The Real-Life Philomena: 'You See So Much Hurt Caused by Anger'

Jane: Oh, they understood. [The character] Sister Margaret was [based off] the present-day nun we met with Martin. She was delightful. She’s English like I am, so she knew where I was coming from, because in the United Kingdom, at 18 years old, you can find out your history if you’re adopted. In Ireland, you can’t. I didn’t get angry with her. I was angry, but I didn’t shout out her like Steve Coogan shouts at Sister Hildegard [in the movie]. She knew exactly what I meant when I said, “To me, what you’re doing is completely wrong.” She did sit there kind of stony-faced. She was in the position where she felt she couldn’t give me the information because that’s what she’d been taught by the Church. And we’re only talking about seven years ago. It wasn’t a long time ago.

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Did you have a sense of how widespread this was?

Philomena: You mean everybody having babies? Women having babies?

The forced adoptions across the country, I mean.

Philomena: I was a teenager at the time. I didn’t know anything about that. I didn’t know about babies being gone abroad and getting donations for them. I didn’t know the first thing about that. How would we know? The nuns wouldn’t tell you. We were Catholic, we went to church, we went to mass, that’s all we did. I worked in the laundry for three and a half years.

Mari: There were many Irish families who might have had a mother and baby home just up the road and didn’t even know it. They just knew it was the nuns who ran their business. Nobody really knew what went on behind the walls or dared ask. I think they had an inkling, it just wasn’t discussed.

Philomena: And often the mother’s parents were glad to get rid of you, because it was such a shame on them. We were ostracized so much. We had to lose our identities. I wasn’t Philomena Lee anymore. I got a name called Marcella. For three and a half years, I was Marcella. Some of the women now come forward and say, “Did you remember me when I was there?” I wouldn’t have remembered them because they’d have another name. From the day I went in till the day I came out I was Marcella, not Philomena Lee.

Tell me about the first time you told Jane about Anthony.

Philomena: I go home to Ireland every year. I call it home still even though I’ve lived 56 years in England. My brother, he was a young lad. He was 18 months older than me when I went to the home. He drove me when they discovered I was pregnant. He bounced him on his knees and hugged him and loved him. My father was out signing papers with the nuns—in them days you didn’t query what they were doing—and my brother was out with me in the halls. For years he felt so guilty. “I should have run away with him.” But with the police, the guards, we call them guards in Ireland, [he] wouldn’t have gotten away with it. I went home in 2003, was it? He said, “For goodness’ sake, go back home and tell them.” My son is older than Jane. I went home and sat them down and told them.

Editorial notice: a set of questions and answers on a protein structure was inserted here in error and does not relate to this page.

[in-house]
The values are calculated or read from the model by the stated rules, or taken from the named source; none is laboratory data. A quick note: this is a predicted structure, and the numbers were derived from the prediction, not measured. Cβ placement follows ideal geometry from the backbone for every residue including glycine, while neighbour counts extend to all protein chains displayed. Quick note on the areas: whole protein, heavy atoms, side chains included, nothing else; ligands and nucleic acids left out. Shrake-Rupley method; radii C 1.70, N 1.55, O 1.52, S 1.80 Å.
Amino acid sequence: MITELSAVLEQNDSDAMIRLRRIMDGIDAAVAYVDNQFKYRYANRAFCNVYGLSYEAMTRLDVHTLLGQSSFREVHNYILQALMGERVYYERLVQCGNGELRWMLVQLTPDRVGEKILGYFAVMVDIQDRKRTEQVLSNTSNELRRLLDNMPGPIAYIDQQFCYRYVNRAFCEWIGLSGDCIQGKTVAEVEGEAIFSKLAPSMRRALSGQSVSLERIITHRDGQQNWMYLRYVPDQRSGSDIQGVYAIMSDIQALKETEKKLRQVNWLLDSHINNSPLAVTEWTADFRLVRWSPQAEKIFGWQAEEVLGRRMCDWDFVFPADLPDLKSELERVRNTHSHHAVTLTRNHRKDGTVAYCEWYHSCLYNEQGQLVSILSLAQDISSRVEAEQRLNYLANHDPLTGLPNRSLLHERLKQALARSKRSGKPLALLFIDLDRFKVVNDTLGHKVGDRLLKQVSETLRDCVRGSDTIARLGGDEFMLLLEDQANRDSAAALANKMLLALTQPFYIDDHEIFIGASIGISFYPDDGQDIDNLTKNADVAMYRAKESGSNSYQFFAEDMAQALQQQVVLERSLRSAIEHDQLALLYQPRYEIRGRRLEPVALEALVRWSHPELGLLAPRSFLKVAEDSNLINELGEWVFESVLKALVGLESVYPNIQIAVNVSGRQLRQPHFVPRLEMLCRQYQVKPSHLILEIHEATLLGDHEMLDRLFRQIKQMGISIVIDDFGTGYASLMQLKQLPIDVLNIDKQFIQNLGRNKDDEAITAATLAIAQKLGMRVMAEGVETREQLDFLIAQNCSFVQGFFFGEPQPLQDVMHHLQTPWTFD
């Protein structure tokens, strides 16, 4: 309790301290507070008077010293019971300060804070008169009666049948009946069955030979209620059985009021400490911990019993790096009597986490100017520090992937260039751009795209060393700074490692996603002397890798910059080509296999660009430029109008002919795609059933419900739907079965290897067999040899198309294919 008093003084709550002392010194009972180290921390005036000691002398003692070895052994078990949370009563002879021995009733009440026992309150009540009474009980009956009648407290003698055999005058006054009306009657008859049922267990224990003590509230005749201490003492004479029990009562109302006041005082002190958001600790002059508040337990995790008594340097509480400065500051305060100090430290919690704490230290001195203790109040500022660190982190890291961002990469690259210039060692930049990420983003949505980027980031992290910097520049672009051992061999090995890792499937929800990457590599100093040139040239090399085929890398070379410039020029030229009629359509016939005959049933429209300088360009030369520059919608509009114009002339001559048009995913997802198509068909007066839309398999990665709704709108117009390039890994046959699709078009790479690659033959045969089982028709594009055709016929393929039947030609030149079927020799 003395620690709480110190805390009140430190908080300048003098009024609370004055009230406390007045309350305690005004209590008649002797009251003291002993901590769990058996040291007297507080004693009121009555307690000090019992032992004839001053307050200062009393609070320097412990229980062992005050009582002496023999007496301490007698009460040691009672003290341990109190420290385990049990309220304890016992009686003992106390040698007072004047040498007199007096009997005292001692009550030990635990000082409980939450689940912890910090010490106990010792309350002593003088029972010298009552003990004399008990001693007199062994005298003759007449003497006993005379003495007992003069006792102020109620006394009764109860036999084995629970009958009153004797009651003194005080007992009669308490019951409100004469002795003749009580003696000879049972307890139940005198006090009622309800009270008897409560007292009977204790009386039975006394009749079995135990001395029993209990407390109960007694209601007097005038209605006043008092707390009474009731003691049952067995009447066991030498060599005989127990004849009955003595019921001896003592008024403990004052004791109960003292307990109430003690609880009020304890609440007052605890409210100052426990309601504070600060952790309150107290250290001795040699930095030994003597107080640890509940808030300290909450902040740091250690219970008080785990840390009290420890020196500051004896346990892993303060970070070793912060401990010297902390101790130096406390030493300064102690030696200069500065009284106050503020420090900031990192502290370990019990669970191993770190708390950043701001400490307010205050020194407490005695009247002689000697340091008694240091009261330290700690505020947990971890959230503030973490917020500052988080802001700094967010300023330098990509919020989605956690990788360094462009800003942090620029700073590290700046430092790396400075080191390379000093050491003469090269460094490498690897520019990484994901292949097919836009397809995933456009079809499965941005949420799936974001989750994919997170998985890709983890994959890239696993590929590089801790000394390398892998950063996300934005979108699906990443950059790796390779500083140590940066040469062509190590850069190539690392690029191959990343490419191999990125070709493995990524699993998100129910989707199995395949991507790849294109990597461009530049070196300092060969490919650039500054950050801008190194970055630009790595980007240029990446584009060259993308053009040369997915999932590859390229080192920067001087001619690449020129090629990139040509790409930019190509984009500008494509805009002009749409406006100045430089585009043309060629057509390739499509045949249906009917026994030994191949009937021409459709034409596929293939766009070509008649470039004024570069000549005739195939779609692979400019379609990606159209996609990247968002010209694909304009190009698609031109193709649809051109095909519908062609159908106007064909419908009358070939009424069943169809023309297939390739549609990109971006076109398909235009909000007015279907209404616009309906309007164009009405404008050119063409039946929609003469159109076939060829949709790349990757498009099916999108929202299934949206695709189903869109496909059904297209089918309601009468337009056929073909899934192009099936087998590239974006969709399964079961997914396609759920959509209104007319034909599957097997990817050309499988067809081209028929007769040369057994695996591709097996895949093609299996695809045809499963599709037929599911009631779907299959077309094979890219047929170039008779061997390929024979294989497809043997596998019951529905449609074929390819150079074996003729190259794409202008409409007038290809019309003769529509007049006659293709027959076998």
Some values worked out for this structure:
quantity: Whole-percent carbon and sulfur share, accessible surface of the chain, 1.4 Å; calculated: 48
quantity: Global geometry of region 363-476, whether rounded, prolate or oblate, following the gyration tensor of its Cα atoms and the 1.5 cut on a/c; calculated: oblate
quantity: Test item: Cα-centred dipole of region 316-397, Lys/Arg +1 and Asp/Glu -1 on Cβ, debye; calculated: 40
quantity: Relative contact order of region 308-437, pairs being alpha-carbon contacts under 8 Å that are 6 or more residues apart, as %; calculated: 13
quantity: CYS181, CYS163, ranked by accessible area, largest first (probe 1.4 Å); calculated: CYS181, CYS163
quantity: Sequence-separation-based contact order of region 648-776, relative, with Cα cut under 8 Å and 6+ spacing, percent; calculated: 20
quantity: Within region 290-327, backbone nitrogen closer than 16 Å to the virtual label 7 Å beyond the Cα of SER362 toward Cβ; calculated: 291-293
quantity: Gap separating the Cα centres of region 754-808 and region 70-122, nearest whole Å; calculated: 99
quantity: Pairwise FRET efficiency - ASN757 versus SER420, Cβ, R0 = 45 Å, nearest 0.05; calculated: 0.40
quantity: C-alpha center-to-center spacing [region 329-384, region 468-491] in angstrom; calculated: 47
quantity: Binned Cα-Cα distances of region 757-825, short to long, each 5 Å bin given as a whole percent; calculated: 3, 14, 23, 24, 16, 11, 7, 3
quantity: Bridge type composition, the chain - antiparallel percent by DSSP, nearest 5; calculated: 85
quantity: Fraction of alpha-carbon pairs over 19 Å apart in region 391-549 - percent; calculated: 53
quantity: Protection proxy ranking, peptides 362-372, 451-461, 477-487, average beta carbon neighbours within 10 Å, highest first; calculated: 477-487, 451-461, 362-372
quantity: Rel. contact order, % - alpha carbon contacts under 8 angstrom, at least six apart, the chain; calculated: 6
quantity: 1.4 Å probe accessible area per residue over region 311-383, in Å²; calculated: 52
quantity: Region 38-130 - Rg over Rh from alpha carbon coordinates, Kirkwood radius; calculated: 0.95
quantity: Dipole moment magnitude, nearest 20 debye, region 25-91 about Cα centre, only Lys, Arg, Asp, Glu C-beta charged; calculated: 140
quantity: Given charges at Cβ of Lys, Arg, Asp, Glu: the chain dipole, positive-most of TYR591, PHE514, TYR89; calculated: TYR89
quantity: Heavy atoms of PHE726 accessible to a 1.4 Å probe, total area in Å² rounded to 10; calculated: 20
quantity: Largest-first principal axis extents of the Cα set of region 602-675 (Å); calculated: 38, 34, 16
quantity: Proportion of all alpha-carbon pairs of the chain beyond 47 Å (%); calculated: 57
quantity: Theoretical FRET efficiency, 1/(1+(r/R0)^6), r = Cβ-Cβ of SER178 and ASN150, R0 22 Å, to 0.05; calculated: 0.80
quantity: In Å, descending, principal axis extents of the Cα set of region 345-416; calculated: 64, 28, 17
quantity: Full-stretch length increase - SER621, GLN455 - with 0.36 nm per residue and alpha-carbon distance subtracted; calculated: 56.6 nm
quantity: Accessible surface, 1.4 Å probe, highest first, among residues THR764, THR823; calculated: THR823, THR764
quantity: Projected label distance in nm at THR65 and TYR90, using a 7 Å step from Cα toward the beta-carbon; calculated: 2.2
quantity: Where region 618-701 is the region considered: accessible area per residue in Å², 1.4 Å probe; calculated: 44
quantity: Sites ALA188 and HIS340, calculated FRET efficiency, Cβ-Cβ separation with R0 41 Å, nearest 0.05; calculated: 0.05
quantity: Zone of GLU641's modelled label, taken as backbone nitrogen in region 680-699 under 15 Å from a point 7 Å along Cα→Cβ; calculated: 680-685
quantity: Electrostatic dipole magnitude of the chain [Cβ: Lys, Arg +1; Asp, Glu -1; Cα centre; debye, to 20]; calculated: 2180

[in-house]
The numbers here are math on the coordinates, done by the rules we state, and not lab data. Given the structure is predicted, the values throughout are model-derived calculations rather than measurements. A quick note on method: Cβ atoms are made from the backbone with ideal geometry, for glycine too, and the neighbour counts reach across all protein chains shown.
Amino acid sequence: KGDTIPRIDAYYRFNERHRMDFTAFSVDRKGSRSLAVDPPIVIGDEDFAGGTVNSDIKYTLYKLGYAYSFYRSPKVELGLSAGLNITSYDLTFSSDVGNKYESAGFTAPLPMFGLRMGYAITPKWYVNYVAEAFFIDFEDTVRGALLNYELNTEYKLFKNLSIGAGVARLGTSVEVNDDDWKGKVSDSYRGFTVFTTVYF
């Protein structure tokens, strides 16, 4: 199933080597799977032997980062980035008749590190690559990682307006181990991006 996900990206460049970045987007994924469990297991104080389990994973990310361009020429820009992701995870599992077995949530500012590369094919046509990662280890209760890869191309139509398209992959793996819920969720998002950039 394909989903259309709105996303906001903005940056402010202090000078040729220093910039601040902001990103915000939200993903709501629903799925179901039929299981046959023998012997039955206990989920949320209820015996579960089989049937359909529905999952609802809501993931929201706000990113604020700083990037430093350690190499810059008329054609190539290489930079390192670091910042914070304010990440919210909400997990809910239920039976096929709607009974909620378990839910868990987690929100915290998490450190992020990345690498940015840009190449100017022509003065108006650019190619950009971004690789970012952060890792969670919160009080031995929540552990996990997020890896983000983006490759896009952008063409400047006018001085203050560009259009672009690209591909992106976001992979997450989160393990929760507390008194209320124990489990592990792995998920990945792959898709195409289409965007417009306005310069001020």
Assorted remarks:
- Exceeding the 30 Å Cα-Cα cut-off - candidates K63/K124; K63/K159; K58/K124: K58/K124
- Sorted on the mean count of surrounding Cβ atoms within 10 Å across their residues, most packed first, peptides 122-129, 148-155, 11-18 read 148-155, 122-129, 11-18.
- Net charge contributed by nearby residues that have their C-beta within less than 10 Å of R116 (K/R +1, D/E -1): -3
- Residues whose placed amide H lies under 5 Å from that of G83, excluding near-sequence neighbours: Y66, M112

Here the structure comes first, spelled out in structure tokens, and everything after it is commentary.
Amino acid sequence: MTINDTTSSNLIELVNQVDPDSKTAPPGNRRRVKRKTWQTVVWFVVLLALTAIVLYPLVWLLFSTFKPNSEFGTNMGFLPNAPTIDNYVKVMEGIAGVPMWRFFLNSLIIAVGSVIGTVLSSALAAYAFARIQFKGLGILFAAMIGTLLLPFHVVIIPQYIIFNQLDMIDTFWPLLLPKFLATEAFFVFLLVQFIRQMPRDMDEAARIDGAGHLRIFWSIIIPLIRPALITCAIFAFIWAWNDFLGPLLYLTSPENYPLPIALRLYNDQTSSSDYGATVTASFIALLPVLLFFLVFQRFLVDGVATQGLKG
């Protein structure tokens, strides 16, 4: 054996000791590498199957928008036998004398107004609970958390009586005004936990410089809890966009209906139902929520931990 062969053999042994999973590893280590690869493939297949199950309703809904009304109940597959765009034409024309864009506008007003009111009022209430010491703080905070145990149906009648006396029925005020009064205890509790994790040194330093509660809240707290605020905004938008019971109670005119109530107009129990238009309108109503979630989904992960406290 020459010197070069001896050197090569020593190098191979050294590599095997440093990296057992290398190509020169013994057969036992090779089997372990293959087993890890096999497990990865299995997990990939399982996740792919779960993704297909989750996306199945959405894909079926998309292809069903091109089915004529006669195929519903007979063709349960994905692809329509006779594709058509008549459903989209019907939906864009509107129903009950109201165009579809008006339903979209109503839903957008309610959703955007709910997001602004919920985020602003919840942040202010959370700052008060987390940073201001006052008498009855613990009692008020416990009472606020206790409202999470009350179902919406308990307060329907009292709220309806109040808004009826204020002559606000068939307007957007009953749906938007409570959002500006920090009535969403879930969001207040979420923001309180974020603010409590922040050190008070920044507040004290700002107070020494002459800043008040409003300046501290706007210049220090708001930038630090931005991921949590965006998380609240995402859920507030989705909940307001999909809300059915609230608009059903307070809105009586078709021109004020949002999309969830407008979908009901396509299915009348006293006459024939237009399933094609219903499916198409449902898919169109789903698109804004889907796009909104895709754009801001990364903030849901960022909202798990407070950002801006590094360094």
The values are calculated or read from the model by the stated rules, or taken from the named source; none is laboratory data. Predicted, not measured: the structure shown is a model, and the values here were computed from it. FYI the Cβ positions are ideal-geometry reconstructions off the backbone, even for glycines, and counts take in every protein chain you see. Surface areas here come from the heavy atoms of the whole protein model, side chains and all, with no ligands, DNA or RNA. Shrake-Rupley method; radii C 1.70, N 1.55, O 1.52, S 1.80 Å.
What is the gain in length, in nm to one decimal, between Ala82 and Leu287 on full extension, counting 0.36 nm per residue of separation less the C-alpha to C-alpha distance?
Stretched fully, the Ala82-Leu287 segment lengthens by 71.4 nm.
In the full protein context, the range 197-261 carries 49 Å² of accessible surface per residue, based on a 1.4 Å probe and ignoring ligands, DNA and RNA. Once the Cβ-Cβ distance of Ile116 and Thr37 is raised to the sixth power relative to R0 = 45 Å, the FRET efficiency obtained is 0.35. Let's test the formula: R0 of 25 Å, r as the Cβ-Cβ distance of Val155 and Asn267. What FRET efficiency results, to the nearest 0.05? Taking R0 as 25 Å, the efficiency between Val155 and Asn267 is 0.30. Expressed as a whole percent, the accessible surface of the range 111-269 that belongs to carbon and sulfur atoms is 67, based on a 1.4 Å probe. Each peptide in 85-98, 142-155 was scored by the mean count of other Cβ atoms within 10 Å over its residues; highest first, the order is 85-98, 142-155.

Jane: Well, you told me. You came out to see me. I’d just moved house and renovated it. And my mom, you’d [just] been to Ireland, and you said, “Oh, I’ll pop around and see you.” It was slightly unusual because we normally meet in the day, and you were feigning interest in my decor. I just had some new light switches. I remember it very clearly. You looked at them said, “They’re very nice.” You’re not really into that kind of thing.

Philomena: Not decorating, no.

Jane: So she sat down, and we did open a bottle of wine, and she just came out with it. “I had a baby in Ireland,” I think is what you said. But immediately I knew who this child was because we always had his photograph in with all the other family photos. He always looked like he was in an odd place because he’s got nuns with him, or he looks like he’s in a hospital. I had asked you once when I was a child, and you said it was a cousin’s son, and I didn’t think anything more of that. But I felt immediately sorry for her, because I’ve got children, and he was three and a half when he was adopted. I couldn’t imagine having to give a child away at that age. It would just be awful.

Philomena: Awful, awful.

Jane: Clearly you would have bonded with him because they’re little people at that age.

Philomena: He was a lovely, lovely little boy.

What was it like seeing the movie for the first time?

Philomena: We didn’t know what to make of it, did we? We saw it together.

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Nolan Feeney is a former producer for TheAtlantic.com.

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